Kicker Joe Nedney has enjoyed nine years on the NFL and has been an accurate and consistent addition for the 49ers kicking game this season! Find out what makes Nedney so good at his job in these Tips From A Pro!
To start out with, it's important to understand differences in kicks. Here are a few definitions to help out!
Onside kick: A short intentional kick by the kicking team that is designed to recover the ball quickly for the offense. The kick occurs on kickoffs which open the first and second half, and after every score. The kick must travel 10 yards before it can be recovered, and no player can touch the ball until it travels 10 yards.
Field Goal: a place kick that passes above the crossbar and between the uprights of the goalpost, earning the team that kicked it 3 points.
Kickoff: when a player kicks a ball from a tee at his own 30-yard line (35 in college) to the opposing team, whose player tries to advance it the other way; used to start the game, the second half and overtime, and to restart play after each score.
Extra Point: an additional point scored by kicking a field goal after it has scored a touchdown
Approaching the Ball
You have to be consistent in everything you do, so your steps and approach should look the same every time! The holder is positioned eight yards from the line of scrimmage, also behind the snapper. I take three steps backwards and three steps to the right. I start to move when the ball is snapped, so when I see movement I go. It takes about 1.3 seconds from snap to kick. Any longer than that, you are risking getting the kick blocked.
Striking the Ball
When striking the ball, the sweet spot
of your foot needs to meet the sweet spot of the ball. If you look at the ball top to bottom, the sweet spot of the ball is about a third of the way up from the bottom. The sweet spot of your foot is the bone that basically runs into your big toe on the top of your foot. This is considered a soccer style kick because you get more body torque. Kicking with the toe, which is called a conventional kicker (I call it EXTINCT) is not used as often now because it is not as accurate and there is more margin for error with your toe, AND IT HURTS. Even If you look at the side of your foot versus the tip of your toe, obviously you have a better chance at making better contact with the inside of your foot versus the toe because it's bigger, there is less room for error. Every kicker is different, some kickers punch the ball and don't have a lot of follow through, but because I have long legs, I use more of a sweeping motion and get a lot of follow through. Whatever technique you have, consistency is really the key. Keep your head down, hips square, and follow through towards your target. That's a kicker credo.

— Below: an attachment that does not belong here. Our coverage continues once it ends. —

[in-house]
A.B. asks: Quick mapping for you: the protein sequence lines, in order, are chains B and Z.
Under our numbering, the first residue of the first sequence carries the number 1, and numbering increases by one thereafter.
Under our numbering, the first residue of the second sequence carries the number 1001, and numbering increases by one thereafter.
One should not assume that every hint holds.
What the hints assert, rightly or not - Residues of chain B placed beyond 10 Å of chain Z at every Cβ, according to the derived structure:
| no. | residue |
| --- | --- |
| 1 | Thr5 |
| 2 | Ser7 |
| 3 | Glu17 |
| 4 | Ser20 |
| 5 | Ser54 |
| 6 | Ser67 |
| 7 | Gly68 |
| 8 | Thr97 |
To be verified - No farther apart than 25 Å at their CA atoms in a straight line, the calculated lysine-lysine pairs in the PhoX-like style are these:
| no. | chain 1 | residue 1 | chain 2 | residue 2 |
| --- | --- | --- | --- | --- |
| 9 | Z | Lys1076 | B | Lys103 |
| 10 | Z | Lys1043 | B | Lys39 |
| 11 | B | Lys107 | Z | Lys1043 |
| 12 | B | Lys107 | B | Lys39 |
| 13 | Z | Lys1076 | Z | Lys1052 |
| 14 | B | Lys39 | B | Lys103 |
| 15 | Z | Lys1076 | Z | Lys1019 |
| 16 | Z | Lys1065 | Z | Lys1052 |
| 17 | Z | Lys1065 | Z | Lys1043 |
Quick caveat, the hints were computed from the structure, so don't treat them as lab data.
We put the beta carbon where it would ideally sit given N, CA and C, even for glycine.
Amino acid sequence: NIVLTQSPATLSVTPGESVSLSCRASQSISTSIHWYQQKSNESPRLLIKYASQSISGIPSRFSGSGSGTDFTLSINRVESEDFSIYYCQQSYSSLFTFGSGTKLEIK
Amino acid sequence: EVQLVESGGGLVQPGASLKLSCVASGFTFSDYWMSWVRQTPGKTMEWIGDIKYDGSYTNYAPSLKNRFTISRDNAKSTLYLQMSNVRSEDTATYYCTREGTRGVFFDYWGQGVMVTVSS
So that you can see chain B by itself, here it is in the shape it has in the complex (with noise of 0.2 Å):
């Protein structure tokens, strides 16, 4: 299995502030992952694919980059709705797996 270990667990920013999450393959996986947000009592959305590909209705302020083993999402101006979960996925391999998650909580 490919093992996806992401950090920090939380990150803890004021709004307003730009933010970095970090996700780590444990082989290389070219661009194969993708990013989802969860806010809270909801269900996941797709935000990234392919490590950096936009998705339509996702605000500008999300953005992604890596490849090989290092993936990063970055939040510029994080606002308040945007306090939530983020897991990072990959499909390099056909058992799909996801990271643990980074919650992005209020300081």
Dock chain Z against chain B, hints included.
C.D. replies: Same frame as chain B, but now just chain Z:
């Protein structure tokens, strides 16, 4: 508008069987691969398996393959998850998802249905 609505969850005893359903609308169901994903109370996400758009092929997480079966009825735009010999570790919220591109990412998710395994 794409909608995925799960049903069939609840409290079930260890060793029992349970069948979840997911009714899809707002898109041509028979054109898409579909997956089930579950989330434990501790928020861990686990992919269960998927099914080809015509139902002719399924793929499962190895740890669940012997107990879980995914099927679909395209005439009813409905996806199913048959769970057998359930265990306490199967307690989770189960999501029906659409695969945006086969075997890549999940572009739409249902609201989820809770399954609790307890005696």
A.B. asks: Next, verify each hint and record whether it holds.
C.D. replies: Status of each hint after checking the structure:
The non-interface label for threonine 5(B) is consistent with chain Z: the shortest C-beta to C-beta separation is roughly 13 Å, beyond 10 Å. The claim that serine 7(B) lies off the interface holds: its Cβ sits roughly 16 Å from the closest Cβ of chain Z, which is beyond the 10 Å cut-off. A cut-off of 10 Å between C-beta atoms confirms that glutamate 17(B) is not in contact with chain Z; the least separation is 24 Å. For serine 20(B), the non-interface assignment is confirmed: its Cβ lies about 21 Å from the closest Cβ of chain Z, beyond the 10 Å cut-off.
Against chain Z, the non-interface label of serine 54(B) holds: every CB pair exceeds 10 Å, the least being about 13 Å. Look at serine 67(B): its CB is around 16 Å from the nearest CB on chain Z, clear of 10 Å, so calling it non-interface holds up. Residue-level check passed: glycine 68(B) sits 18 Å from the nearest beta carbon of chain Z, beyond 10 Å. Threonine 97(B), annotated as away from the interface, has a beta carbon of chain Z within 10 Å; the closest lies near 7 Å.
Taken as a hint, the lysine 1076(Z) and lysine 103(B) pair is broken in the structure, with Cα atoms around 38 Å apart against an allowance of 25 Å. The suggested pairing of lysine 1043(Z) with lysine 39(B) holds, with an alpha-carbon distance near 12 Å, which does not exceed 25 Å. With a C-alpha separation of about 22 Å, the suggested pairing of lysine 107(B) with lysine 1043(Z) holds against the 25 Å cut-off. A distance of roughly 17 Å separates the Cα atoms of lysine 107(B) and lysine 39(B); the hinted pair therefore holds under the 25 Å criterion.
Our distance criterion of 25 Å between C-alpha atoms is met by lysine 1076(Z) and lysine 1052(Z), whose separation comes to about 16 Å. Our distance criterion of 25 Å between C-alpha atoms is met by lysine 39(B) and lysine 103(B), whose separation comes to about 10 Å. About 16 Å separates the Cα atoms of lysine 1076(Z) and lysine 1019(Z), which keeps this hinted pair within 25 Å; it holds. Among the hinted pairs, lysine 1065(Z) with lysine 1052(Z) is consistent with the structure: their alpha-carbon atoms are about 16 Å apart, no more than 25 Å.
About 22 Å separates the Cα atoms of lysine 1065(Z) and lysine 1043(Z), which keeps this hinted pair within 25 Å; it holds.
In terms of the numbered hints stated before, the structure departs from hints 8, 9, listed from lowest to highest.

Adjusting for Distance
Some people adjust their kicks for distance, but I don't believe in that. I just try to kick the same kick every time regardless of whether I'm 25 yards out or 50. You do sometimes have to adjust for strong wind conditions by adjusting your aiming point either to the left or the right.
Field Goals vs Kickoffs
One of the main differences between a field goal and a kickoff is that usually on kickoffs you use a tee instead of another player to hold the ball. Kickoffs you get a running start so you have a lot more power in your kick. I take a seven step approach which puts me at about 10 yards back. The main thing is to have controlled aggression. You have to be under control but you have to utilize as much power as you can. Compare it to a golf swing, if you swing too hard, you'll miss the ball. You've got to be smooth.
The key to successful field goals is hugely reliant on a good snap and a good hold. You won't make a field goal if it's not in the right place when you go to kick it. The mental aspect of our game is really big. The confidence that you can make a kick from anywhere on the field helps out a lot.
My routine for practicing throughout the week is to work from every distance, from an extra point to 50 yard field goals. I just try to cover every distance from both hashes, and I don't really have a set amount. If I hit the ball well, I might not kick as many, but if I'm not hitting them the way I want, then I am more likely to take additional reps.
I think the biggest thing is that as you have success, your confidence will improve. Throughout my career, I've made kicks at just about every distance so if you've done it once, then you know you can do it again.
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